Illusion of objectivity

It comes from the kind of silly stories like Italian secret pasta gardens; when people thought they can now grow their own pasta on the trees or Masked Marauders; a band, supposedly consisting out of Mick Jagger, Bob Dilan, John Lennon and Paul McCarthy that actually never existed but was sold to people as a joke by Rolling Stones magazine. Worth to mention are the Crop circles in England made by „aliens“ that in fact are called Doug and Dave. Coming to more difficult topics and conspiracy theories like Apollo moon landing, vaccines or more relevant these days – climate change. People will always be in two camps discussing these problems whether they are true events or just amusing hoax.

What makes people choose different sides? First of all, false information but the second reason that holds them on a specific side is motivated reasoning.

Jabberocky. crop circle in Switzerland

Motivated reasoning is an emotion-biased decision-making phenomenon that describes the role of motivation in cognitive processes such as decision-making and attitude change. It‘s when people cling to false beliefs even when presented with obvious evidence. Motivated reasoning is the mean to fight cognitive resonance that feeling of discomfort that we experience when confronted by contradictory information, especially on matters that directly relate to our well-being. That‘s the most important trigger in activating motivated reasoning – feeling threat to our well-being. Climate change is a big threat given the temperature rising, ice in Antarctica melting and all. But the actual damage to single individual is not significant and in the far future. But if it‘s accepted that climate is changing then people need to take some measure and do something about it which means cutting on carbon dioxide (cars, busses, airplanes etc., and damn those are fast and comfortable), green electricity (expensive to get and doesn‘t work as good), eating differently (food industries and factories kill planet earth), recycling, composting and so on.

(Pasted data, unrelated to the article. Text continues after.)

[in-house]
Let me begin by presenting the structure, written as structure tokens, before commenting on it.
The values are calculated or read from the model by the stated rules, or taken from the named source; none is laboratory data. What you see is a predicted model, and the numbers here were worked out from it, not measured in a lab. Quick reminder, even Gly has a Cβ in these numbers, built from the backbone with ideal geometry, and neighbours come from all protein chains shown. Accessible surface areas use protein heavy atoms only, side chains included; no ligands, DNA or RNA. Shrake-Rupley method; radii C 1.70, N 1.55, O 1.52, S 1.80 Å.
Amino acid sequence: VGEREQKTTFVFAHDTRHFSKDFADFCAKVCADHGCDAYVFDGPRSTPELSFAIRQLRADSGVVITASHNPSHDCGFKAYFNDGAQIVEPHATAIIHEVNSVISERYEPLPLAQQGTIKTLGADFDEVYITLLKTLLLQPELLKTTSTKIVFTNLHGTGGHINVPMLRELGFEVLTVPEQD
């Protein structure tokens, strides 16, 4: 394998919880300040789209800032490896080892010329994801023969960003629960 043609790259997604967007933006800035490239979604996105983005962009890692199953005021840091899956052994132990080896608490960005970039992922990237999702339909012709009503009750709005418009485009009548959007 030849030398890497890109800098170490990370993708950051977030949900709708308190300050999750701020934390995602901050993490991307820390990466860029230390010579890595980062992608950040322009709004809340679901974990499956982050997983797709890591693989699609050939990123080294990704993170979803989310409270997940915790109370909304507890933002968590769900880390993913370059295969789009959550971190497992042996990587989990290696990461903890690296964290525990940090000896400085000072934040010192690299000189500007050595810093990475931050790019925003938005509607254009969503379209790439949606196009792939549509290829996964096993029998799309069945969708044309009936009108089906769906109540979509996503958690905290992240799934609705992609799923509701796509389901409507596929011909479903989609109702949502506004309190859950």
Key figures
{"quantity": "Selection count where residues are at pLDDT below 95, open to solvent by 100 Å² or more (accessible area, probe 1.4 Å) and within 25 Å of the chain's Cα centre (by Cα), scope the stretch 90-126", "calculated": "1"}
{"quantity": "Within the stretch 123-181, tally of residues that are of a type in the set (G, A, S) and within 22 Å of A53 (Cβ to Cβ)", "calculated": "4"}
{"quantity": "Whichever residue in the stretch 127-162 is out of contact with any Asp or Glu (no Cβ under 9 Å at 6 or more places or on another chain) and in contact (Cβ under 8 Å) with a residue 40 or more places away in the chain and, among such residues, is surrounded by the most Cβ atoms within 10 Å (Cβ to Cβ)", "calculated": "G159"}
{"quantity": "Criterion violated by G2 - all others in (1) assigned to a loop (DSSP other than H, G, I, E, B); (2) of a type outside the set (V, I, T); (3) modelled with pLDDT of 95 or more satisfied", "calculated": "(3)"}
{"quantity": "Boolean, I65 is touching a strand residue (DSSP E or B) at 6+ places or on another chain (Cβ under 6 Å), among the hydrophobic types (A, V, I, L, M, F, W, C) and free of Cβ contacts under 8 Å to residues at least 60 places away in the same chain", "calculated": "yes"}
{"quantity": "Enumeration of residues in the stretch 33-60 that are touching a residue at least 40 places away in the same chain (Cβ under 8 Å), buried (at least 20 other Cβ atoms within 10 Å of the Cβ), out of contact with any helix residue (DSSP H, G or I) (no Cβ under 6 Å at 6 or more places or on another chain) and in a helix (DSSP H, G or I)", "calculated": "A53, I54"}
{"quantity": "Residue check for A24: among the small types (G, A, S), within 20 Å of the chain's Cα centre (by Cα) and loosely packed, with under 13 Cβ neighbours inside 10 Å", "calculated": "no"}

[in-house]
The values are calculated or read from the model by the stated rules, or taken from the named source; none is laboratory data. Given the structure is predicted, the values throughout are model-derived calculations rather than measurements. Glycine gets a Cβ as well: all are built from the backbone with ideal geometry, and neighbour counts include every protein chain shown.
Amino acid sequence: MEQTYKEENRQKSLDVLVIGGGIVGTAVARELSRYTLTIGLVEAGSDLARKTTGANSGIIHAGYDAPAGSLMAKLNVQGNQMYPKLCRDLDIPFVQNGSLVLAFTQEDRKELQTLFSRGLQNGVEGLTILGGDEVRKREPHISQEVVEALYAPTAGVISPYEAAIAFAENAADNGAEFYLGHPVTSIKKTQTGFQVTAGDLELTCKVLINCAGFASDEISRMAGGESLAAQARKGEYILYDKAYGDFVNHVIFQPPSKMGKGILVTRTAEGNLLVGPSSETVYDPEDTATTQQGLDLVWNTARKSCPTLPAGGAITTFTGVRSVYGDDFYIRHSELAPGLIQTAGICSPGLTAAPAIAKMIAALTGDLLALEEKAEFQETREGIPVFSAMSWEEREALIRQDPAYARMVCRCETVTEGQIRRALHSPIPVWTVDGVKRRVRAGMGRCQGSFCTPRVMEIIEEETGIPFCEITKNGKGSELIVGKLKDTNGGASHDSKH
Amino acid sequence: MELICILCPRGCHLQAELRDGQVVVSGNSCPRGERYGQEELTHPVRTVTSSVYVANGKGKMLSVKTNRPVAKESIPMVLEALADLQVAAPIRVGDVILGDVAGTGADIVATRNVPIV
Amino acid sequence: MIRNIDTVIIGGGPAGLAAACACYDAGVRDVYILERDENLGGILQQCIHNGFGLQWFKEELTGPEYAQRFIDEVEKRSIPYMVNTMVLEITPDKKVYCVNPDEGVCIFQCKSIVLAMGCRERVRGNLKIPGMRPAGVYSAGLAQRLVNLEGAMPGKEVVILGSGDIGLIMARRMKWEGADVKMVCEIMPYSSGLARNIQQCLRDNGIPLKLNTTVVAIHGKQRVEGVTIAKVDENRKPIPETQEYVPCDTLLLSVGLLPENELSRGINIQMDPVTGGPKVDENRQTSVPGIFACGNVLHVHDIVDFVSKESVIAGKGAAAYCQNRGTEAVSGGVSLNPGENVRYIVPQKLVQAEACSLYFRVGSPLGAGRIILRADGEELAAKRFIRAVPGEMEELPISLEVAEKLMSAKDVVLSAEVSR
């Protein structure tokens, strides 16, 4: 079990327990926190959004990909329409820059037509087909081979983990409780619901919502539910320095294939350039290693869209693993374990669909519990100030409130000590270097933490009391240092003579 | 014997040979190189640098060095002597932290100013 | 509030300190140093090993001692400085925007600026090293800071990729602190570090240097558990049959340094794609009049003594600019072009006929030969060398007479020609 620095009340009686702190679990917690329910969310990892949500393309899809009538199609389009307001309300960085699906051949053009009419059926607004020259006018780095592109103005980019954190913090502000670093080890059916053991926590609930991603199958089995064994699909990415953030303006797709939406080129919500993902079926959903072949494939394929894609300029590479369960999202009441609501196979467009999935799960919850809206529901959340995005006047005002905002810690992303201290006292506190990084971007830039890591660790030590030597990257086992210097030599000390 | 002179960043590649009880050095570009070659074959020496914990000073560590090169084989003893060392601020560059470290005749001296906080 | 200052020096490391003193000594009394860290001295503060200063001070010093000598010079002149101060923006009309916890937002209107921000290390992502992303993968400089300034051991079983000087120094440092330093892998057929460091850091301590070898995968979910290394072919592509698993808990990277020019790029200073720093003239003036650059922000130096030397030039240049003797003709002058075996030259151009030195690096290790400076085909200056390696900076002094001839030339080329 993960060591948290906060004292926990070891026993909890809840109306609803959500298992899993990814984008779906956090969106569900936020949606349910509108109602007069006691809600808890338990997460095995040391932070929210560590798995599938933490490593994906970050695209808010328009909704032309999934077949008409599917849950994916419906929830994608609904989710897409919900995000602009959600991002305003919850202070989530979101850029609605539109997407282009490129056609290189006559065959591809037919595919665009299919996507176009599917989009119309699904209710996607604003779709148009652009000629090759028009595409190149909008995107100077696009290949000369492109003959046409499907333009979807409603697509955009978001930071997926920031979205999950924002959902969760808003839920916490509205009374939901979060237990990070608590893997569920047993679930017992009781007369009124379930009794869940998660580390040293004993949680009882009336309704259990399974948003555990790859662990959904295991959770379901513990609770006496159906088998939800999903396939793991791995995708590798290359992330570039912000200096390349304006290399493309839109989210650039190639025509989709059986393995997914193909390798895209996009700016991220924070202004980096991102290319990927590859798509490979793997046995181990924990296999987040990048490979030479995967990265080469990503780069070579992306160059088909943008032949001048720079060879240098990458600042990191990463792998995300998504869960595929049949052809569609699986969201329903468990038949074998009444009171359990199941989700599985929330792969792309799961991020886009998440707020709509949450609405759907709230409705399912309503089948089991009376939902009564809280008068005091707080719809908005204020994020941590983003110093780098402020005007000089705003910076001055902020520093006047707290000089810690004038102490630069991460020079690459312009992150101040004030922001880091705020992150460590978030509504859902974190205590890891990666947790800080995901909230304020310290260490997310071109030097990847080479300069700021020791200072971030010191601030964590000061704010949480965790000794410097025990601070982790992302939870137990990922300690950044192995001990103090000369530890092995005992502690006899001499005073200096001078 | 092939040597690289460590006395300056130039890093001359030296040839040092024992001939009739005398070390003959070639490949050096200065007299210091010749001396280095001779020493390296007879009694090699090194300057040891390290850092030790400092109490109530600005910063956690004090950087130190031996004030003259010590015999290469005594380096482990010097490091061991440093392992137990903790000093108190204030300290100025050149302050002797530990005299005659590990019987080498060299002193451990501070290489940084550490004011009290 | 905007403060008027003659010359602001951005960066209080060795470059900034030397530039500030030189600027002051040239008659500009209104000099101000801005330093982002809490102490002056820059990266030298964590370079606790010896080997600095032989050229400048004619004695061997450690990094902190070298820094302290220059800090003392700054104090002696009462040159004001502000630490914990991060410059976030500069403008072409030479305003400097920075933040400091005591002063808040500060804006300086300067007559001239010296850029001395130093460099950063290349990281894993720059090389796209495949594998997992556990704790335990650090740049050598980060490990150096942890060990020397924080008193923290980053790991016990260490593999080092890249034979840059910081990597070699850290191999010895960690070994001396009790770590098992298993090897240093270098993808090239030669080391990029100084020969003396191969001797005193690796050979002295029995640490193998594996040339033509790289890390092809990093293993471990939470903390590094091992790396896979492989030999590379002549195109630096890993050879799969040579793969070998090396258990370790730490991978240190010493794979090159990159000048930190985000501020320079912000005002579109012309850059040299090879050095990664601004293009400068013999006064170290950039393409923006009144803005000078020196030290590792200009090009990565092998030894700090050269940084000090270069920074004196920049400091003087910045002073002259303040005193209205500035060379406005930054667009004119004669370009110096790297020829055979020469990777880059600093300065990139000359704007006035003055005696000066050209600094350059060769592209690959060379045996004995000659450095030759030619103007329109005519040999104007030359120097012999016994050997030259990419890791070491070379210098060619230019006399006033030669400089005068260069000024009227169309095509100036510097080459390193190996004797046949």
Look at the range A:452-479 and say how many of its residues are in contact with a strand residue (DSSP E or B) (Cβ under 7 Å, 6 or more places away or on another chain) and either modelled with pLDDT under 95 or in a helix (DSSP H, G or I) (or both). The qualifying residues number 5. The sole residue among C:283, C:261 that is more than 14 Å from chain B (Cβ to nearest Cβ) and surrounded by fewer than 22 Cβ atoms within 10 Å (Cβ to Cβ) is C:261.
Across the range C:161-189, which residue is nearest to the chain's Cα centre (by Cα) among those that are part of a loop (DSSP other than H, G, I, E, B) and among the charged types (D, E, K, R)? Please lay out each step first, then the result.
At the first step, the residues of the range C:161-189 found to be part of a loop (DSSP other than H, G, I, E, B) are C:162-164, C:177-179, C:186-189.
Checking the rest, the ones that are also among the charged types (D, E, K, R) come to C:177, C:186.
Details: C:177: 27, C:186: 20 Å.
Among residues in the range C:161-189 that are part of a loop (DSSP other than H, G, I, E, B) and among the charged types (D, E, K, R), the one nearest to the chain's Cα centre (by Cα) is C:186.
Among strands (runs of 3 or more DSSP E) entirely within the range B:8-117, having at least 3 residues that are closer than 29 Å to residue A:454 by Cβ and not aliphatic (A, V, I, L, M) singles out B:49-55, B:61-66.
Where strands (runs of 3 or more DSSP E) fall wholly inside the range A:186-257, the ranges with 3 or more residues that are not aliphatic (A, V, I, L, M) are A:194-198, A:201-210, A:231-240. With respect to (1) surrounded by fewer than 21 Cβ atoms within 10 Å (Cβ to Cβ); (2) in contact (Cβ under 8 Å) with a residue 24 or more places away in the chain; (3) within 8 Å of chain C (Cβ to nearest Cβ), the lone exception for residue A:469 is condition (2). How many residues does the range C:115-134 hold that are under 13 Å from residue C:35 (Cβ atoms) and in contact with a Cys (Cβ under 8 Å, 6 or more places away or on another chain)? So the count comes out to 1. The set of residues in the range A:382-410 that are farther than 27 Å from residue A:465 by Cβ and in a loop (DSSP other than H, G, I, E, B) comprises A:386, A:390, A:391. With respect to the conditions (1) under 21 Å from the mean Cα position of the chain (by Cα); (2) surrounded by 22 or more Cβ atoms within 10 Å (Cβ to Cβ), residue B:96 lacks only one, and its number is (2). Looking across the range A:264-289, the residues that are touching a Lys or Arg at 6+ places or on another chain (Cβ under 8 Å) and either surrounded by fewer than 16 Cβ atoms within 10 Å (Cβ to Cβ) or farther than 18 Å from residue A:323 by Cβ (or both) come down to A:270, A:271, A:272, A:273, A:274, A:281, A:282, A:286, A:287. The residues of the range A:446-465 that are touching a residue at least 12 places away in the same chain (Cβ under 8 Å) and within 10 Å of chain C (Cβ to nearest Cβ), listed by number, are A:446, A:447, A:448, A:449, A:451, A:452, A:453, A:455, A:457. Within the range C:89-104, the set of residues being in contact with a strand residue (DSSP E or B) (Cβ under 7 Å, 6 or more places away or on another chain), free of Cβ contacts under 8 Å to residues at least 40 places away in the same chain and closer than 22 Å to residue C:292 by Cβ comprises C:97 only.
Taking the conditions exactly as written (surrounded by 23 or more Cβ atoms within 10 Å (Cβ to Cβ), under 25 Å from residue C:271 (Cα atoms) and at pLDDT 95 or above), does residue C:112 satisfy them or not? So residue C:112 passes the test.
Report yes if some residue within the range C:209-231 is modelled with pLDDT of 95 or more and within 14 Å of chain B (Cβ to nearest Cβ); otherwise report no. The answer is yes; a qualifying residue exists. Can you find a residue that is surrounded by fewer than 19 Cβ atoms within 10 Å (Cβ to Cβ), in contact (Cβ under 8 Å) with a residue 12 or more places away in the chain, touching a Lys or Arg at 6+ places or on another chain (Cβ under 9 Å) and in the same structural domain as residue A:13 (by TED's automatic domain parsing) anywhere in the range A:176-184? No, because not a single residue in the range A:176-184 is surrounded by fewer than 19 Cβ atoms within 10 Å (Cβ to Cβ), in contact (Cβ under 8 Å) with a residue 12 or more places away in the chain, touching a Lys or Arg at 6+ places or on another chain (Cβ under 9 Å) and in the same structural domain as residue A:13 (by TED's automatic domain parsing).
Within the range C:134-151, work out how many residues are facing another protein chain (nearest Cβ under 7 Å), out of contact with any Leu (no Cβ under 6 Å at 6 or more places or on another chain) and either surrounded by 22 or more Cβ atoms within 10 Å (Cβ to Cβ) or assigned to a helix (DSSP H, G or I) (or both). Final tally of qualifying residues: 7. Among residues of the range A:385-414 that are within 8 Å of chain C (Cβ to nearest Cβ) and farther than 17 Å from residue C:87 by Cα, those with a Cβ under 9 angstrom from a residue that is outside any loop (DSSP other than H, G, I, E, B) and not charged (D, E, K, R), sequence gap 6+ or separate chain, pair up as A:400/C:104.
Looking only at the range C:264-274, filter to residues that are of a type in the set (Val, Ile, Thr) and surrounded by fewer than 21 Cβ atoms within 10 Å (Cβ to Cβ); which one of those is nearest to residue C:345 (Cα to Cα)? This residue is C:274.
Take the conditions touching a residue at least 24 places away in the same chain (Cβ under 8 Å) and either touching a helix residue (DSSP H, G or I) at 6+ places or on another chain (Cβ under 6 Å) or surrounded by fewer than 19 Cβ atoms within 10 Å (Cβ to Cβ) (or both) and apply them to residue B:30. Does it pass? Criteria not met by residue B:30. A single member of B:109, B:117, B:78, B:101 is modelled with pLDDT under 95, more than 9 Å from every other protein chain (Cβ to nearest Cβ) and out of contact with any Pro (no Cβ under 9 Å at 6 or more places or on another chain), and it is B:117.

Threats come in different forms that bring out different kind of conclusions to people. There are conclusions that help to boost or to protect person‘s self-esteem, like when IQ test shows the average numbers but participant expected something else and try to explain that those kind of tests rarely are valid and correct. Also the conclusion for better future perspectives, when smokers dispel all the scientific evidence against smoking giving the examples of the people who smoked their whole life and lived till their 80‘s or people that die from disease at young age. Third type of conclusions is related with strong beliefs and attitudes. For example, if your friend Richard that you share worldview, interests and opinions, states that Sasquatch exists and it‘s not just some kind of hoax by China, you are more likely to believe that he says true even without digging in for further information on the topic. People blur the lines between moral and factual judgment. For people who identify strongly with one side of the political spectrum or the other, it can feel like their opponents are willfully ignoring the facts. But right or left, both sides believe their positions are grounded in evidence.

Moral reasoners cannot deny the reality and overwhelming evidence though, they still need to uphold the illusion of objectivity. But people are more persuaded by the facts that support their preferred conclusion and find them stronger, the related facts that oppose their beliefs seemingly are more inconsistent and less valuable.

The classical example is when a person attributes his successes internally, to his own abilities and talents, but their failures externally, to situation, weather conditions etc. All this is also in protection of self-view, positive self-image. People are capable of being thoughtful and rational but our wishes, hopes, fears and motivations often tip the scales to make us more likely to accept something as true if it supports what we want to believe.

Benjamin_Franklin_-_Join_or_Die. The Pennsylvania gazette

This technology era is the best time for moral reasoning when internet give people infinite opportunities of spreading the information that can reach thousands and millions of people and the term fake news is widely used. It‘s not only Jon Snow that knows nothing. Everyone is smarter than the other and there’s mass confusion all over the world. The least people can do in solving this problem of blindly believing and/or following is to educate themselves (if possible) and the next generation of checking the information behind the facts and check the source the information comes from. Learn to make the differentiation of reliable source from those not worth trusting.

Laura Babaityte

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